CONSTITUTIONAL RIGHTS, JUDICIAL REVIEW, AND THE DISTRIBUTION OF BENEFITS.
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PublisherThe University of Arizona.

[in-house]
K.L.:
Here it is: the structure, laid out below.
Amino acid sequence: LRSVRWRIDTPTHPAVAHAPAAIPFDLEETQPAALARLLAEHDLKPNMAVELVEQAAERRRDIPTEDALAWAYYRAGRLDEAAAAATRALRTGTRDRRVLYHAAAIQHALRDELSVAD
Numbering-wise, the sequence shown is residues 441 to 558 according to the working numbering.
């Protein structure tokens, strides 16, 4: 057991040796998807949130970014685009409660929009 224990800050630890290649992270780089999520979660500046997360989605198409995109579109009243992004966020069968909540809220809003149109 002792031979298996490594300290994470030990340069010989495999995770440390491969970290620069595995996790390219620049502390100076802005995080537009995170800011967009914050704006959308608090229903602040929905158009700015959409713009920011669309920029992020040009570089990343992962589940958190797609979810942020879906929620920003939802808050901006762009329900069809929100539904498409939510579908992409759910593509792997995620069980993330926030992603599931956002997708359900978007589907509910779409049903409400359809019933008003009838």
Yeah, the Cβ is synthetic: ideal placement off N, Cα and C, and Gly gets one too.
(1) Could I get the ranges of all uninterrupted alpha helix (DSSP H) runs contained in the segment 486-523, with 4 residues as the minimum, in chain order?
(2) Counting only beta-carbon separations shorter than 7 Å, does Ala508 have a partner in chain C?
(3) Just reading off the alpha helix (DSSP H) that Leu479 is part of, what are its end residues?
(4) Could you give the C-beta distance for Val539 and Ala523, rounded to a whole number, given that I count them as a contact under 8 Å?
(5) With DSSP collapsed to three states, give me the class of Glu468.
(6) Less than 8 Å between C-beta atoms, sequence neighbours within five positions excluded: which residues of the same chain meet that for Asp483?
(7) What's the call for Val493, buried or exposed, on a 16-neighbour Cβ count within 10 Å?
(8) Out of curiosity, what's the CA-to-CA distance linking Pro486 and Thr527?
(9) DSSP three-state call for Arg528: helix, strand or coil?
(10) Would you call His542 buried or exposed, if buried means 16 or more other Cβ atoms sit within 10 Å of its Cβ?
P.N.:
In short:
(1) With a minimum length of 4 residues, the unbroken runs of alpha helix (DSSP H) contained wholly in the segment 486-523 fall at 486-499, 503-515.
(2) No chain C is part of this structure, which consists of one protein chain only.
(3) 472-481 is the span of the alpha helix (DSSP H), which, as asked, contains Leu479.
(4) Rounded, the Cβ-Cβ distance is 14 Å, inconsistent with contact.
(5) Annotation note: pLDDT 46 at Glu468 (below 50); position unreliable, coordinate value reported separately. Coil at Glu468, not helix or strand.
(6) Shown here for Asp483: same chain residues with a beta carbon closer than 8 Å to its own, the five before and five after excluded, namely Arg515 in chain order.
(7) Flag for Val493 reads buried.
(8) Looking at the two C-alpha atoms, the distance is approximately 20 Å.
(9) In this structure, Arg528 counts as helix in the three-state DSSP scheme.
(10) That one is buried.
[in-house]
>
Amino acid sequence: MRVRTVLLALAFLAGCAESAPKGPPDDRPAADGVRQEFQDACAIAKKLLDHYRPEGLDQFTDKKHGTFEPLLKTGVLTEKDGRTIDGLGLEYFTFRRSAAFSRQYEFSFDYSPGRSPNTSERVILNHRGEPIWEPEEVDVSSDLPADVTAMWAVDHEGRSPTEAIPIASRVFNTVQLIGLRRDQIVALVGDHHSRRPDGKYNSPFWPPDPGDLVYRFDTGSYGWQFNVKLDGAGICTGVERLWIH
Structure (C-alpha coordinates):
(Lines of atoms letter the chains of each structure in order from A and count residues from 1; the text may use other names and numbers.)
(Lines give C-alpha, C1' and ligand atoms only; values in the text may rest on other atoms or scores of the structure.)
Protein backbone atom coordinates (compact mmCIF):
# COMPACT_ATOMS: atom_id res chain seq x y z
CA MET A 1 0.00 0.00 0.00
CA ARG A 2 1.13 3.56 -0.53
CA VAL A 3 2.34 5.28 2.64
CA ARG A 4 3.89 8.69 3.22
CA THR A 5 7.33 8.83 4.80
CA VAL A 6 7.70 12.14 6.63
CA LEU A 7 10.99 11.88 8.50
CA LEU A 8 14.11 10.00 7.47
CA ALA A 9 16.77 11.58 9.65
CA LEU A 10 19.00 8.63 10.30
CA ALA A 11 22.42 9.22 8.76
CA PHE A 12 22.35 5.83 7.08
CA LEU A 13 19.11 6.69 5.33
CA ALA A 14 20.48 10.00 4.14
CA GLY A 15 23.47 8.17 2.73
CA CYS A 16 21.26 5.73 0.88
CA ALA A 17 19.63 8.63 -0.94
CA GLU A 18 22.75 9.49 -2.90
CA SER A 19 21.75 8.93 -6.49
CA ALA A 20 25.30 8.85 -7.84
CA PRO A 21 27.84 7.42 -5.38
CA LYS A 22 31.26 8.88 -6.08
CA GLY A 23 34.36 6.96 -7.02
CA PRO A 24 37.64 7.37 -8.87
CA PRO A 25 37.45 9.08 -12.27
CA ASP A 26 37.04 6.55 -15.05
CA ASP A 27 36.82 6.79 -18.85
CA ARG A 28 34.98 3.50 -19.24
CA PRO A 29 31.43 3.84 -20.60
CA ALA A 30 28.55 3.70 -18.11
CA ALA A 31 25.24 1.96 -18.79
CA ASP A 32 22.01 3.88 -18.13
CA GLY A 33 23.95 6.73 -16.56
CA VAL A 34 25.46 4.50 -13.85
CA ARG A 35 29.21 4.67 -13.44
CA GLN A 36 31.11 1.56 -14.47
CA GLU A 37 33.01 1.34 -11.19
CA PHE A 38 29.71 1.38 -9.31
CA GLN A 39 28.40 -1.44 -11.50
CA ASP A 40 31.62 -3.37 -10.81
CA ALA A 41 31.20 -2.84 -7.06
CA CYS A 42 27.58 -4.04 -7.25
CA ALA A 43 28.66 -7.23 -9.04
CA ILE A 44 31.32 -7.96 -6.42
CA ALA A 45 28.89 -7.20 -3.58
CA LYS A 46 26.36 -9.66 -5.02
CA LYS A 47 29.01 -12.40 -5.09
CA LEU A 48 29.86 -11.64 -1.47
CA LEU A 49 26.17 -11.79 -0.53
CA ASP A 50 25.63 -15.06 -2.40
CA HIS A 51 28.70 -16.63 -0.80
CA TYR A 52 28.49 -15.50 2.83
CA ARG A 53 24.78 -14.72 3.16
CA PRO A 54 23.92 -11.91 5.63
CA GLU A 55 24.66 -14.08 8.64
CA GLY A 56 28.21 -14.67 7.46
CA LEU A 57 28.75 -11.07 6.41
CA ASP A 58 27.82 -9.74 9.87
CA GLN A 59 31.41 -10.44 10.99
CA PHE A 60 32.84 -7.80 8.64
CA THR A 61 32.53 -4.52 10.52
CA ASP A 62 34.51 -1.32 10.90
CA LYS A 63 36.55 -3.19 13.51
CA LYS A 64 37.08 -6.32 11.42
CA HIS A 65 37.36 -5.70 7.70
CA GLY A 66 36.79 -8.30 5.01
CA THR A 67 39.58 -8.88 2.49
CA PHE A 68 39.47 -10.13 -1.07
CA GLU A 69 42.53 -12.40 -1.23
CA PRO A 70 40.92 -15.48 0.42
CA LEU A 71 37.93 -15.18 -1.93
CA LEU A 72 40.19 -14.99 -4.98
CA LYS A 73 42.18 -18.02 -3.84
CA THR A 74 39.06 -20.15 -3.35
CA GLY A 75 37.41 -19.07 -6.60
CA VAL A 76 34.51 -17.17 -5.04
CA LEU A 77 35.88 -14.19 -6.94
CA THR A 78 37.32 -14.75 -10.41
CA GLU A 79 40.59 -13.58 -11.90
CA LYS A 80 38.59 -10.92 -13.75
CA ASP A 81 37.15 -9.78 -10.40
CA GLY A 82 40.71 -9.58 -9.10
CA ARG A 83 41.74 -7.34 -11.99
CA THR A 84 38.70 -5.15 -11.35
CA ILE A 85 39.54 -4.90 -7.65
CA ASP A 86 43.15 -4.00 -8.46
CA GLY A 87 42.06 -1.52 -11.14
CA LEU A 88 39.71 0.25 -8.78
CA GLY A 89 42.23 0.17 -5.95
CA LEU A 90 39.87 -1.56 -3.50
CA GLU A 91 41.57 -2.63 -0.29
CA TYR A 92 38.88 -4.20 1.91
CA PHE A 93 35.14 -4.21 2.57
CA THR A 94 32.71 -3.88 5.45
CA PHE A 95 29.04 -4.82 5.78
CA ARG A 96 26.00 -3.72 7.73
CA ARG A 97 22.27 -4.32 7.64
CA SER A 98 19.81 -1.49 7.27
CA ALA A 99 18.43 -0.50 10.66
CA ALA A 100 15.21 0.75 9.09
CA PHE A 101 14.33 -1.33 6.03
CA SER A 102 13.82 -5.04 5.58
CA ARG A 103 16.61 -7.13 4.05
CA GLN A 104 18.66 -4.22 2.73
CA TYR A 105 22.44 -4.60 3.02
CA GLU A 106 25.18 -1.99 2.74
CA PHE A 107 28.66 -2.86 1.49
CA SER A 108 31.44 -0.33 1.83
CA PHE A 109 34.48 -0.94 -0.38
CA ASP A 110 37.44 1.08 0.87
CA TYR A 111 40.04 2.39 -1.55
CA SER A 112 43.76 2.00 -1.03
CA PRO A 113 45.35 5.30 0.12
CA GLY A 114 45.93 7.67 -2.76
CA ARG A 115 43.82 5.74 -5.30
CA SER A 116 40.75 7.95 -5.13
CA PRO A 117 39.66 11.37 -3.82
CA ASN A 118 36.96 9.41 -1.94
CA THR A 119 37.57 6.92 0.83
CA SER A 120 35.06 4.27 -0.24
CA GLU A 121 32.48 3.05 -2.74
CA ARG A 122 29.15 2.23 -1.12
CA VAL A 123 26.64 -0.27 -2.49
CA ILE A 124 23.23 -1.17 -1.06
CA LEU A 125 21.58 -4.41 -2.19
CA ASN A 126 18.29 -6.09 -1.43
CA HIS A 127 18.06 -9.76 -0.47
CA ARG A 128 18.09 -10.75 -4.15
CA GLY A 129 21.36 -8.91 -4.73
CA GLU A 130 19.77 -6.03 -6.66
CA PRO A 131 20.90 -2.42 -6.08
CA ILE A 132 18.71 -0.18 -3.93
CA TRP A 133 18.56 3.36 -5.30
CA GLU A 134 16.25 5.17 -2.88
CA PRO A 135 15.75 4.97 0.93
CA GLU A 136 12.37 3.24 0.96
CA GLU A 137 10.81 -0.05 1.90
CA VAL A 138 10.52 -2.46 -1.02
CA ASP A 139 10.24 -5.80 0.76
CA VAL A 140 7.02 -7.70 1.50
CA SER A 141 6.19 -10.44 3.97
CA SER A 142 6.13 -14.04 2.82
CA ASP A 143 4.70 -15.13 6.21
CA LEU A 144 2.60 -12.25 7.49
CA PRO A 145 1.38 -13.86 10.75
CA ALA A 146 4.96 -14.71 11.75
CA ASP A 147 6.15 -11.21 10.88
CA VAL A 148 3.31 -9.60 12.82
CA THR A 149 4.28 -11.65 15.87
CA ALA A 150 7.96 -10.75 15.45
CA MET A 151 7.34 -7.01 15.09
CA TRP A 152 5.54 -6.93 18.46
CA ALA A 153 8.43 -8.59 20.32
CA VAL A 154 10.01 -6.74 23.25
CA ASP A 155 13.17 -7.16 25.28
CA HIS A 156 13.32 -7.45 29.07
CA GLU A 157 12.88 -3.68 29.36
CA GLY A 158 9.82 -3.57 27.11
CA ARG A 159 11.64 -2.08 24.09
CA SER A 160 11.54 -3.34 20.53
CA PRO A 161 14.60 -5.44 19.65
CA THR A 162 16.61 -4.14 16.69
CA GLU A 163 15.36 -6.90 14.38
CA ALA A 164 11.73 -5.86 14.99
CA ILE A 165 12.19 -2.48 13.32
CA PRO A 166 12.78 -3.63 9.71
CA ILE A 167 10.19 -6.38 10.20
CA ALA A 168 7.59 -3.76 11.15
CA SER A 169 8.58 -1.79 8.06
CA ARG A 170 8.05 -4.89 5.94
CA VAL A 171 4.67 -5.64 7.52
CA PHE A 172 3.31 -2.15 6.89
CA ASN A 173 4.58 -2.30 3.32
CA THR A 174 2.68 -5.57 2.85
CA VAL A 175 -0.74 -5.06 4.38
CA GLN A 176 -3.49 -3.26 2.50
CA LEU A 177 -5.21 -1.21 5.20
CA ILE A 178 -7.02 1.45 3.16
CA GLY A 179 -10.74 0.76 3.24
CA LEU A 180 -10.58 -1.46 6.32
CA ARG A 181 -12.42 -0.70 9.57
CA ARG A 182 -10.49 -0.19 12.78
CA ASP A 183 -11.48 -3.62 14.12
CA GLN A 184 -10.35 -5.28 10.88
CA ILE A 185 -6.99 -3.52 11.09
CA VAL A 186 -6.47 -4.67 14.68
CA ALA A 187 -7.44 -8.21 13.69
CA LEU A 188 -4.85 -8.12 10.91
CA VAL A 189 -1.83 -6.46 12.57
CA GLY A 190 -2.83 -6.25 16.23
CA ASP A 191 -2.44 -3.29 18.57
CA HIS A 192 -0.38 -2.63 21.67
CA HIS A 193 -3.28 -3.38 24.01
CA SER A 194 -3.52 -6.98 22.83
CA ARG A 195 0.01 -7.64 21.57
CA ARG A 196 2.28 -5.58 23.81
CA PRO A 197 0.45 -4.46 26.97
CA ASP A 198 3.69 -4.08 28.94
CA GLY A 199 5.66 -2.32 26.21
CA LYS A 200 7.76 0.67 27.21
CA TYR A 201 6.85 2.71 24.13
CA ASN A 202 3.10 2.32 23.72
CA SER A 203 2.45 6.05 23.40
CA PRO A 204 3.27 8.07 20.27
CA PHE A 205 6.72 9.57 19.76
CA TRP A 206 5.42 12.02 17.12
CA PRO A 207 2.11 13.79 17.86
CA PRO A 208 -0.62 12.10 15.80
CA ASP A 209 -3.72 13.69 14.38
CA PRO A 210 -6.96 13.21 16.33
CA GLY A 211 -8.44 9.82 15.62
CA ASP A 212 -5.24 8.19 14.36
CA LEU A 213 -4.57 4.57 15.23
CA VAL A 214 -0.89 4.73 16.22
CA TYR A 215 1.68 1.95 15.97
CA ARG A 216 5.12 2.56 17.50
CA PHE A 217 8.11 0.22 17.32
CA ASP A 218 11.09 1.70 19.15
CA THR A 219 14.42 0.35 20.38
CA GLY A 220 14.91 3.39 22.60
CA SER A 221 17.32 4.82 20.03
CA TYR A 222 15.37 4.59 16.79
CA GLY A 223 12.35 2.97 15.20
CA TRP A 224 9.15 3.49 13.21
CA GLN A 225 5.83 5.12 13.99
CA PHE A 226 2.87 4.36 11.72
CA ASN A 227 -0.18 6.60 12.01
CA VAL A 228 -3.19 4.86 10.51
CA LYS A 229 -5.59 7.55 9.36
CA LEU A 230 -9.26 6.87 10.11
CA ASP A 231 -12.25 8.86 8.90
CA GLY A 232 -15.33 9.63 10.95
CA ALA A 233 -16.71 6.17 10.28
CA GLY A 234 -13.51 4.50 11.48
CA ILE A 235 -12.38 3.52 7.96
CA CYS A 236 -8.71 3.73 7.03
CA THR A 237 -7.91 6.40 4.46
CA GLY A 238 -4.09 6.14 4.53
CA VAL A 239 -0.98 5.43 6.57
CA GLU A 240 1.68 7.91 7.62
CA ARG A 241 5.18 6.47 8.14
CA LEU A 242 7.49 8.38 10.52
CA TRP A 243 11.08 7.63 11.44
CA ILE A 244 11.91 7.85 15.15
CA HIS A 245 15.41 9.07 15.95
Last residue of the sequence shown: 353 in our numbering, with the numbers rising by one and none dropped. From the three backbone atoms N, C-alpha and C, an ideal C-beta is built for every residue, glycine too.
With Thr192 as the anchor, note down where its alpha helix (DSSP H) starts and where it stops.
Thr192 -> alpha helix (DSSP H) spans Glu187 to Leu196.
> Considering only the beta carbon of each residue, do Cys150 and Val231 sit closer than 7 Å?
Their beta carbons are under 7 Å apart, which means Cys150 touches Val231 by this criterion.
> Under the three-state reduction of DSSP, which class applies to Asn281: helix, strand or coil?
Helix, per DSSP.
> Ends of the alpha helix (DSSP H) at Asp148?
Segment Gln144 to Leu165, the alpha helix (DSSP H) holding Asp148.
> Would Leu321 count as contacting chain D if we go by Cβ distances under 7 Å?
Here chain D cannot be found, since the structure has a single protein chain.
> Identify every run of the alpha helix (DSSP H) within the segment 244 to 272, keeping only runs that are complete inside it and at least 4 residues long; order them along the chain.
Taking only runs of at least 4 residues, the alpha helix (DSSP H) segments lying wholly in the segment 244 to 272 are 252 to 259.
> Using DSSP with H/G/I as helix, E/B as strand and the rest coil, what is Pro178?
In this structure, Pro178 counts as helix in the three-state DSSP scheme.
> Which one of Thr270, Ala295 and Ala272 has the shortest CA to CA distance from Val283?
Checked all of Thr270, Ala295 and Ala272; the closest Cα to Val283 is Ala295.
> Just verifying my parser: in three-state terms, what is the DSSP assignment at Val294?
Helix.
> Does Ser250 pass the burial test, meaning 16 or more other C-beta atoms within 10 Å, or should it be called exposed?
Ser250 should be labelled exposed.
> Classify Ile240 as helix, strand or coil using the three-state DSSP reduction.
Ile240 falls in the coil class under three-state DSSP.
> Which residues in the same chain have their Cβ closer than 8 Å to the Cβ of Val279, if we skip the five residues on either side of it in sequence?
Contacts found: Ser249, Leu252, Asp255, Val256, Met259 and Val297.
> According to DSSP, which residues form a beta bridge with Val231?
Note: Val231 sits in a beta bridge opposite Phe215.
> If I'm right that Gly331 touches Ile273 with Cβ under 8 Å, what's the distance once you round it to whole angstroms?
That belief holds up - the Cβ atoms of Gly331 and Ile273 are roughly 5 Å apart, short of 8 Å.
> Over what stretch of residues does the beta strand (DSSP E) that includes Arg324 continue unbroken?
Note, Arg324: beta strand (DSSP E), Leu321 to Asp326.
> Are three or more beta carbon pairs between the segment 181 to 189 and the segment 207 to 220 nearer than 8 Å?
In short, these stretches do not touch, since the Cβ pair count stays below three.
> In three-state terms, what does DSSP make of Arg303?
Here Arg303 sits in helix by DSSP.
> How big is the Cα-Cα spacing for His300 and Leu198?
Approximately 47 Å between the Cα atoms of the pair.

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AbstractThe thesis approaches the question of distributive justice through an analysis of legal rights, focusing in particular on constitutional rights. In Part I (Chapters 1, 2, 3) conceptual issues of the meaning of rights are considered. The concept of a right is analyzed generally as (1) a claim to something; (2) which is logically correlated with a duty; and (3) which is justified, in the case of constitutional rights, by reference to constitutional grounds. The more specific Hohfeldian analysis of legal rights is then coordinated with the general account. Analyzing rights as justified claims leads to the question of what counts as constitutional justification which is in turn intimately tied to a correct account of judicial review. In Part II (Chapters 4,5) a definitive account of judicial review is attempted. After examining the logical base of legal reasoning and concluding that it is essentially dialectical, the major normative theories of judicial review are considered. In particular natural law, legal realism, reasoned elaboration, and legal positivism are considered and all are rejected in part. An attempt is then made to incorporate significant elements of each in a general theory using the coherence methodology of Ronald Dworkin. Finally the results are applied to a paradigm of the sort of judicial reasoning that seems to capture the elements picked out in the earlier analysis. It is argued that the thesis advanced here explains and justifies the judicial reasoning used in that case (Griswold v. Connecticut).